Human tissue and body parts have been used in one way or another for millennia. They have been preserved and displayed, both in museums and public shows. Real human hair is used for wigs, while some artists even use human tissue in their works. Blood, bone marrow, whole organs and a host of other structures and human substances are all transplanted into living persons to treat illness. New life can be created from gametes through in vitro fertilisation , while the (...) creation of cell lines keeps tissue alive indefinitely. These uses create significant challenges for the legal system in the UK. The major challenge for the law is to balance the competing demands of those groups who have vested interests in human tissue—researchers, medical practitioners, patients, families, the community and the police, among many others. It must provide sufficient control to users of tissue, but also take account of the fact that our bodies hold psychological importance for us while we live and, after we die, for those we leave behind. To some degree the law has been successful, but we still lack a comprehensive, coherent approach to the regulation of human tissue. Partially as a reaction to this lack of a comprehensive approach, some commentators have turned to applying the concept of property to human tissue means to achieve regulatory outcomes they support. (shrink)
In the wake of three high-profile judicial decisions concerning the use of human biological materials, the editors of this collection felt in 2011 that there was a need for detailed scholarly exploration of the ethical and legal implications of these decisions. For centuries, it seemed that in Australia and England and Wales, individuals did not have any proprietary interests in their excised tissue. Others might acquire such interests, but there had been no clear decision on the rights or otherwise of (...) the persons from whom the tissue was obtained. In 2009, however, the Court of Appeal of England and Wales recognised a limited exception to this position in Jonathan Yearworth and others v North Bristol NHS Trust . In that case, the Court held that the appellants, who had deposited semen samples for freezing before they undertook treatment for cancer, had “for the purposes of a claim in negligence … ownership of the sperm which they had ejaculated”. One year later, the Supreme Court of Queensland, Australia, took a similarly property-based approach to determining how a semen sample stored shortly before death should be dealt in Bazley v Wesley Monash IVF . According to that court, the co-executors of the estate had sufficient proprietary interests in the semen to legally demand its return from the laboratory where it was held. In 2011, the New South Wales Supreme Court similarly found that the widow of a recently deceased man had a right to possession of his semen in Joceyln Edwards; Re the estate of the late Mark Edwards .In the editors’ view, these decisions signalled a turning point in the Anglo-Australian jurisprudence in this area, taking the law a step beyond the decisions of the late 20th century such as R v Kelly , in which possessory rights were found …. (shrink)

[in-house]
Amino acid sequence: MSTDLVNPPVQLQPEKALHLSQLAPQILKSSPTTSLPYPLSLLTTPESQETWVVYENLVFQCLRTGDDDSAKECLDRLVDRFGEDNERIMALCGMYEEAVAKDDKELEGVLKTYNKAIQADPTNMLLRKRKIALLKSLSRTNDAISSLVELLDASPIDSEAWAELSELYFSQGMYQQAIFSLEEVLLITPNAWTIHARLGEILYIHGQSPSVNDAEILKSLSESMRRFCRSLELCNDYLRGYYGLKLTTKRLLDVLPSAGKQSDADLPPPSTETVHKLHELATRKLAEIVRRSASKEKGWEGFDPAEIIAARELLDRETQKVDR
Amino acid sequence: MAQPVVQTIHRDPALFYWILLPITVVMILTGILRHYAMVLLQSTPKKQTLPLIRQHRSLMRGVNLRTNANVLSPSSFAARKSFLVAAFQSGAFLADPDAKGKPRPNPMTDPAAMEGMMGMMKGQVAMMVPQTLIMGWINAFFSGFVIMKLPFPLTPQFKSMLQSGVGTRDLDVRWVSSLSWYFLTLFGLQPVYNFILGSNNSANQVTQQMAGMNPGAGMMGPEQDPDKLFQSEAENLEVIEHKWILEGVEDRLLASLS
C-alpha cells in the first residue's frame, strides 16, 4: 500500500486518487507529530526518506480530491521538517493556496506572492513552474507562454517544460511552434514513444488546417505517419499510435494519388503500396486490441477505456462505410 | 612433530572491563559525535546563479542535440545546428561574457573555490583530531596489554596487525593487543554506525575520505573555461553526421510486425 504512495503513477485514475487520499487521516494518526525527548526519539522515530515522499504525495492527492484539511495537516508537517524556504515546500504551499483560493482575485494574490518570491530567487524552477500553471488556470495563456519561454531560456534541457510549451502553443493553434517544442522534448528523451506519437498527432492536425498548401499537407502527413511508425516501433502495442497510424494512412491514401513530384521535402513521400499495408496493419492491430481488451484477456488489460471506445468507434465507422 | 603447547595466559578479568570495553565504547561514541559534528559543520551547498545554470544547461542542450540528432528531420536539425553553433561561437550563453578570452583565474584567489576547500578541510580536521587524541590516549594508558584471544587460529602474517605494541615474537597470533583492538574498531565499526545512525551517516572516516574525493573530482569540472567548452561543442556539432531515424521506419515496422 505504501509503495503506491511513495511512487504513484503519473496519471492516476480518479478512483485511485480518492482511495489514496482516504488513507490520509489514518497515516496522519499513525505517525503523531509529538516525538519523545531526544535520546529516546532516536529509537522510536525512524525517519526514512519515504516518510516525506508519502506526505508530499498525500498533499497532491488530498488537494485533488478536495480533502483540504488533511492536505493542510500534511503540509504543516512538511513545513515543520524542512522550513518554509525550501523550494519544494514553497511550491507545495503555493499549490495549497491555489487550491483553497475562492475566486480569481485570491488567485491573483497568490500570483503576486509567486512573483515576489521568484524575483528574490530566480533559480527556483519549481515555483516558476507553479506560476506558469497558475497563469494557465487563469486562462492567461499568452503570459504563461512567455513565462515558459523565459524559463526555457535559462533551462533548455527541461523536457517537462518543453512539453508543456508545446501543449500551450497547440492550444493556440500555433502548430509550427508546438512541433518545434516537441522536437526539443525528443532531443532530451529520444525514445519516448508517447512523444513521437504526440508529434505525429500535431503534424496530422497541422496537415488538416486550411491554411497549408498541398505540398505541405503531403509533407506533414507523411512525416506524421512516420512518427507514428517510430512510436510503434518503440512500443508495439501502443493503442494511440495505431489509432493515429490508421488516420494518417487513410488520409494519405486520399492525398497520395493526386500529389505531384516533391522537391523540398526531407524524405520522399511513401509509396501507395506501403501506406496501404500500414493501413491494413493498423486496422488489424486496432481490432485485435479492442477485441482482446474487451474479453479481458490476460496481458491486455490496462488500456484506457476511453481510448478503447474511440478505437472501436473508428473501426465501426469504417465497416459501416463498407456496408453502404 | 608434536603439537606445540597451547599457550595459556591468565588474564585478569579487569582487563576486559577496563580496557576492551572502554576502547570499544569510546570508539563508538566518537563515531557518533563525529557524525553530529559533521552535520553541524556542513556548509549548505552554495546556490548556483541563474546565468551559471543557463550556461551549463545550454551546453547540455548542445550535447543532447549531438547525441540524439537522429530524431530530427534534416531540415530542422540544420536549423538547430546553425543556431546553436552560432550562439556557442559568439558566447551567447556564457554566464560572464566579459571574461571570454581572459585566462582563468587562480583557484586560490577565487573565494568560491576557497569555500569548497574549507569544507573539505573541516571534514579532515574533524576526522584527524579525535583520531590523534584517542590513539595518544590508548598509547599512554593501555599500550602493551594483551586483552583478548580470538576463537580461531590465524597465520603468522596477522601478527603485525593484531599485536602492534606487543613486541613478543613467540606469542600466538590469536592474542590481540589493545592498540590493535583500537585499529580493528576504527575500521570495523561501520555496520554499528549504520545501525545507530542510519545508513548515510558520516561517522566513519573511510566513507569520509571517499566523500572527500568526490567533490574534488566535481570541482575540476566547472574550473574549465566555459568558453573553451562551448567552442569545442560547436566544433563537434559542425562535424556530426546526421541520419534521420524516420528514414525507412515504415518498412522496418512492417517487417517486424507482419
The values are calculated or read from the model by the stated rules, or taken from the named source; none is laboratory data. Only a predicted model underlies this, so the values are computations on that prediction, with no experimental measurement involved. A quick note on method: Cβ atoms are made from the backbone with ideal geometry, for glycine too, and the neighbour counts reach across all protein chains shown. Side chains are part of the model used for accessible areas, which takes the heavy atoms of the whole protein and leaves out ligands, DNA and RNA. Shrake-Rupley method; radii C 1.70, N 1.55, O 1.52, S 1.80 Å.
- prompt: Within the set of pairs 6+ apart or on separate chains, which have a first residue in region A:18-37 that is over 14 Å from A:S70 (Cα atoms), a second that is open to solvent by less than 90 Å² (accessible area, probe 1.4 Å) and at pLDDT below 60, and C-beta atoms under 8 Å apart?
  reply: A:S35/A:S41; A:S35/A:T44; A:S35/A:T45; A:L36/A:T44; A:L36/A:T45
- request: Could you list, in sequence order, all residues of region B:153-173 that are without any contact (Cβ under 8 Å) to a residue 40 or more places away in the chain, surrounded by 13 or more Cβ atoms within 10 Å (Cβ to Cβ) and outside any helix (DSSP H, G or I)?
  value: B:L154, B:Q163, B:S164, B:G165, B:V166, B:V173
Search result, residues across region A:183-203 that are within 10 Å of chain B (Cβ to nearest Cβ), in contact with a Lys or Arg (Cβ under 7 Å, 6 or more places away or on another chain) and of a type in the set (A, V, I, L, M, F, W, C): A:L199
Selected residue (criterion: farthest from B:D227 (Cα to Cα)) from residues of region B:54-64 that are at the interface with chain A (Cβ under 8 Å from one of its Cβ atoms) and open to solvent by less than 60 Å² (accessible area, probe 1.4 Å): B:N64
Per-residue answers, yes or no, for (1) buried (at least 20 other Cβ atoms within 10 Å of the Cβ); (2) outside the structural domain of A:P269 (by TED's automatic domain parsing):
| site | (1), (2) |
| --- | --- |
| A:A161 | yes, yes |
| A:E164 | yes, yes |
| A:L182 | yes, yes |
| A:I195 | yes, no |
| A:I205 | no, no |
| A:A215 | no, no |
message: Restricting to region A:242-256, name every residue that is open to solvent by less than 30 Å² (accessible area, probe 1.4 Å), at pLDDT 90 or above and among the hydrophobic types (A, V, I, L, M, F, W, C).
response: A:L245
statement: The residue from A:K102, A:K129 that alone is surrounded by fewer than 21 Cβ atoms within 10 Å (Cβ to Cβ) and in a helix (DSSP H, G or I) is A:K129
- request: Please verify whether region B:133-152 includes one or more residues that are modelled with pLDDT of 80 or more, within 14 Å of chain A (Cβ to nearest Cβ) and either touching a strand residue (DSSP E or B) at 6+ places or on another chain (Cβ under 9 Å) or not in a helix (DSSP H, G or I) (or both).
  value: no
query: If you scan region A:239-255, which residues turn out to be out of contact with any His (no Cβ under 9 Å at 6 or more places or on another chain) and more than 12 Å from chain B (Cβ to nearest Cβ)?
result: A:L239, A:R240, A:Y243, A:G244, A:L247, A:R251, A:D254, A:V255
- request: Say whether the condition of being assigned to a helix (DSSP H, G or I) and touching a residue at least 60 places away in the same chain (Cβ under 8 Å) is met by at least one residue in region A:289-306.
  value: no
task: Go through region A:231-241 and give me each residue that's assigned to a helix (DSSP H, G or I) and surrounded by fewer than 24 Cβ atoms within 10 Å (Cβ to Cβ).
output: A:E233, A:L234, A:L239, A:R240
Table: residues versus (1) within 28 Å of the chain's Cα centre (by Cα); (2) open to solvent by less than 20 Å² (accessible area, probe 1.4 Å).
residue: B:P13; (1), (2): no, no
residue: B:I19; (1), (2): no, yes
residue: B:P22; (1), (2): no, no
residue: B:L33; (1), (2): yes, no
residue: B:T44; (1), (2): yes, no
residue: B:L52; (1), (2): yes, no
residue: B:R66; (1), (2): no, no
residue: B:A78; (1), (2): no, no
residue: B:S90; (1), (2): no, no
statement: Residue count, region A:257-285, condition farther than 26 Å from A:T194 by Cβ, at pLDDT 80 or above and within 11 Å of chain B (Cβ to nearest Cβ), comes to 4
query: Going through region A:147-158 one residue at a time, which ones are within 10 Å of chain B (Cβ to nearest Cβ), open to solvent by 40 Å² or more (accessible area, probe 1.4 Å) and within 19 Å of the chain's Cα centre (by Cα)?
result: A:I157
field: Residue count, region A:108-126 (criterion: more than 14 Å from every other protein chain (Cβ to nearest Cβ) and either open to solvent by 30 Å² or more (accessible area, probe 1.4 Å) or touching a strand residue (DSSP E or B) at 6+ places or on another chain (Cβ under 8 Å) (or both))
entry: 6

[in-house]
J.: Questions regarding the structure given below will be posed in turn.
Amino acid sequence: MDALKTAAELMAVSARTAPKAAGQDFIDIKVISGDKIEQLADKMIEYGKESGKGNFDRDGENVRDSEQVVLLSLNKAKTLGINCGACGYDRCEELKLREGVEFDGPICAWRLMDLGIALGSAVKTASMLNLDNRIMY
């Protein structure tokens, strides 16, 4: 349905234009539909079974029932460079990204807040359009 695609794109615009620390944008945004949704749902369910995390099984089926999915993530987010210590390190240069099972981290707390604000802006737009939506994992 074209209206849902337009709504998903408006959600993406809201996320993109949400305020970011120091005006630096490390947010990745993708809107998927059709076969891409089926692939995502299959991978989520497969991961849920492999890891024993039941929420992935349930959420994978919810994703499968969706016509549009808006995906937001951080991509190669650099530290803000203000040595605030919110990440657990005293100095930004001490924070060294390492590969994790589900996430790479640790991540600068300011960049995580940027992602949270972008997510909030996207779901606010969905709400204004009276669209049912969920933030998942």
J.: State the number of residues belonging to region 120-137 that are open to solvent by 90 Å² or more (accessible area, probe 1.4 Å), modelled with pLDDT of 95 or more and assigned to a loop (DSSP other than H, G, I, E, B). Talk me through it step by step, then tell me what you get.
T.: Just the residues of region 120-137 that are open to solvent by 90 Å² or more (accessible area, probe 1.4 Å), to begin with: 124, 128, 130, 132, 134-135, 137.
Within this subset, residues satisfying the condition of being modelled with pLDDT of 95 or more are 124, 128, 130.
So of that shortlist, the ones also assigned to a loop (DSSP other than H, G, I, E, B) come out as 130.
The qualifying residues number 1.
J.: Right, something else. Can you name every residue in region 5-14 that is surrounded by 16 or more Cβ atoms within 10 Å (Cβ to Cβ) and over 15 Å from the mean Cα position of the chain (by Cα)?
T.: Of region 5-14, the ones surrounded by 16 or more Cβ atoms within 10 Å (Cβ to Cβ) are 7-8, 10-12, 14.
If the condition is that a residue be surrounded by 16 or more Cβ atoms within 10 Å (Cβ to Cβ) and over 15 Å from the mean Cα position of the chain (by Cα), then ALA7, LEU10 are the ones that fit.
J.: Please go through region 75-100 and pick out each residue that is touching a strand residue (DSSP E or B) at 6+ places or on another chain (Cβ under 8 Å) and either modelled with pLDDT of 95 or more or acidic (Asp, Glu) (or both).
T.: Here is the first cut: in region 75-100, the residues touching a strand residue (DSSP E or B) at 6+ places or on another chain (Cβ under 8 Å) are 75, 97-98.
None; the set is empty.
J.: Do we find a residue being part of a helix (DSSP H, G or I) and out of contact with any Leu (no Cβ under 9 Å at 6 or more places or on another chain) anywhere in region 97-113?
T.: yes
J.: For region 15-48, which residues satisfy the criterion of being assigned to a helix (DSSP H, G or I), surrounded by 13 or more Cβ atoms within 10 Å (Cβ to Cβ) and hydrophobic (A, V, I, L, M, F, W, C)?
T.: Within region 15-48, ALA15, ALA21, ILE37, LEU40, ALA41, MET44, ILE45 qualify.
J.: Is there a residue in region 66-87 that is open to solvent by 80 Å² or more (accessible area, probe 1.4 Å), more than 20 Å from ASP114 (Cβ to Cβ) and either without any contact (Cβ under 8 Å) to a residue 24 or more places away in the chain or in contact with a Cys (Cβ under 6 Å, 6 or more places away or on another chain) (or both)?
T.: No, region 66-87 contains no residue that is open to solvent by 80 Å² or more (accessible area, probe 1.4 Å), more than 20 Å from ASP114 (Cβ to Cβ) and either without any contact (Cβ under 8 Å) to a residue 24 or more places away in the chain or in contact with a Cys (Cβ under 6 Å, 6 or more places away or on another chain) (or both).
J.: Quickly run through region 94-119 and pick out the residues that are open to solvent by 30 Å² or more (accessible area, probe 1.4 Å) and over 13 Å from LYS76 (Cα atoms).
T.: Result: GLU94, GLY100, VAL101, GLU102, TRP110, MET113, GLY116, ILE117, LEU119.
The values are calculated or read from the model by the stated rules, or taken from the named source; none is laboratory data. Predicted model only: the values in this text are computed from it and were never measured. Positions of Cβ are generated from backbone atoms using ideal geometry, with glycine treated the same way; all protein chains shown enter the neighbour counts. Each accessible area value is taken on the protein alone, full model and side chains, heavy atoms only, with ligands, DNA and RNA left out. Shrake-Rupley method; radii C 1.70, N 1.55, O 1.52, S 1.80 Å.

This special issue, Withholding artificial nutrition and hydration, comprises several papers, commentaries and responses centred largely around the issues raised by the 2011 decision of the English Court of Protection in W v M.i In that case, the mother of an adult patient applied for the withdrawal of life-sustaining treatment . In 2003, the patient, M, had contracted viral encephalitis and suffered irreparable brain damage as a result. She fell into a coma, and when she emerged appeared to be in (...) a vegetative state and for 8 years was entirely dependent on life-sustaining care.Following her mother's application, M was held to lack capacity and hence in accordance with section 4 of the Mental Capacity Act 2005 , the matter turned on whether it was in her best interests for the treatment to be withdrawn. It was made clear in the 1993 decision of Airedale NHS Trust v Bland that life-sustaining treatment could be withdrawn from a patient in a permanent vegetative state if, on balance, it was not in his or her interest to continue treatment.ii The MCA also allows for withdrawal of treatment, although the approach to best interests is slightly different. However, the case of W v M is importantly different from the Bland case, because M was found not to be in a PVS, but instead was minimally conscious . Much evidence was presented of her capacity to respond to stimuli, seemingly express emotion and occasionally speak.In the first of his papers in this issue , Julian Sheather provides an overview of the case, particularly illuminating the discussions of M's interests and the views of her …. (shrink)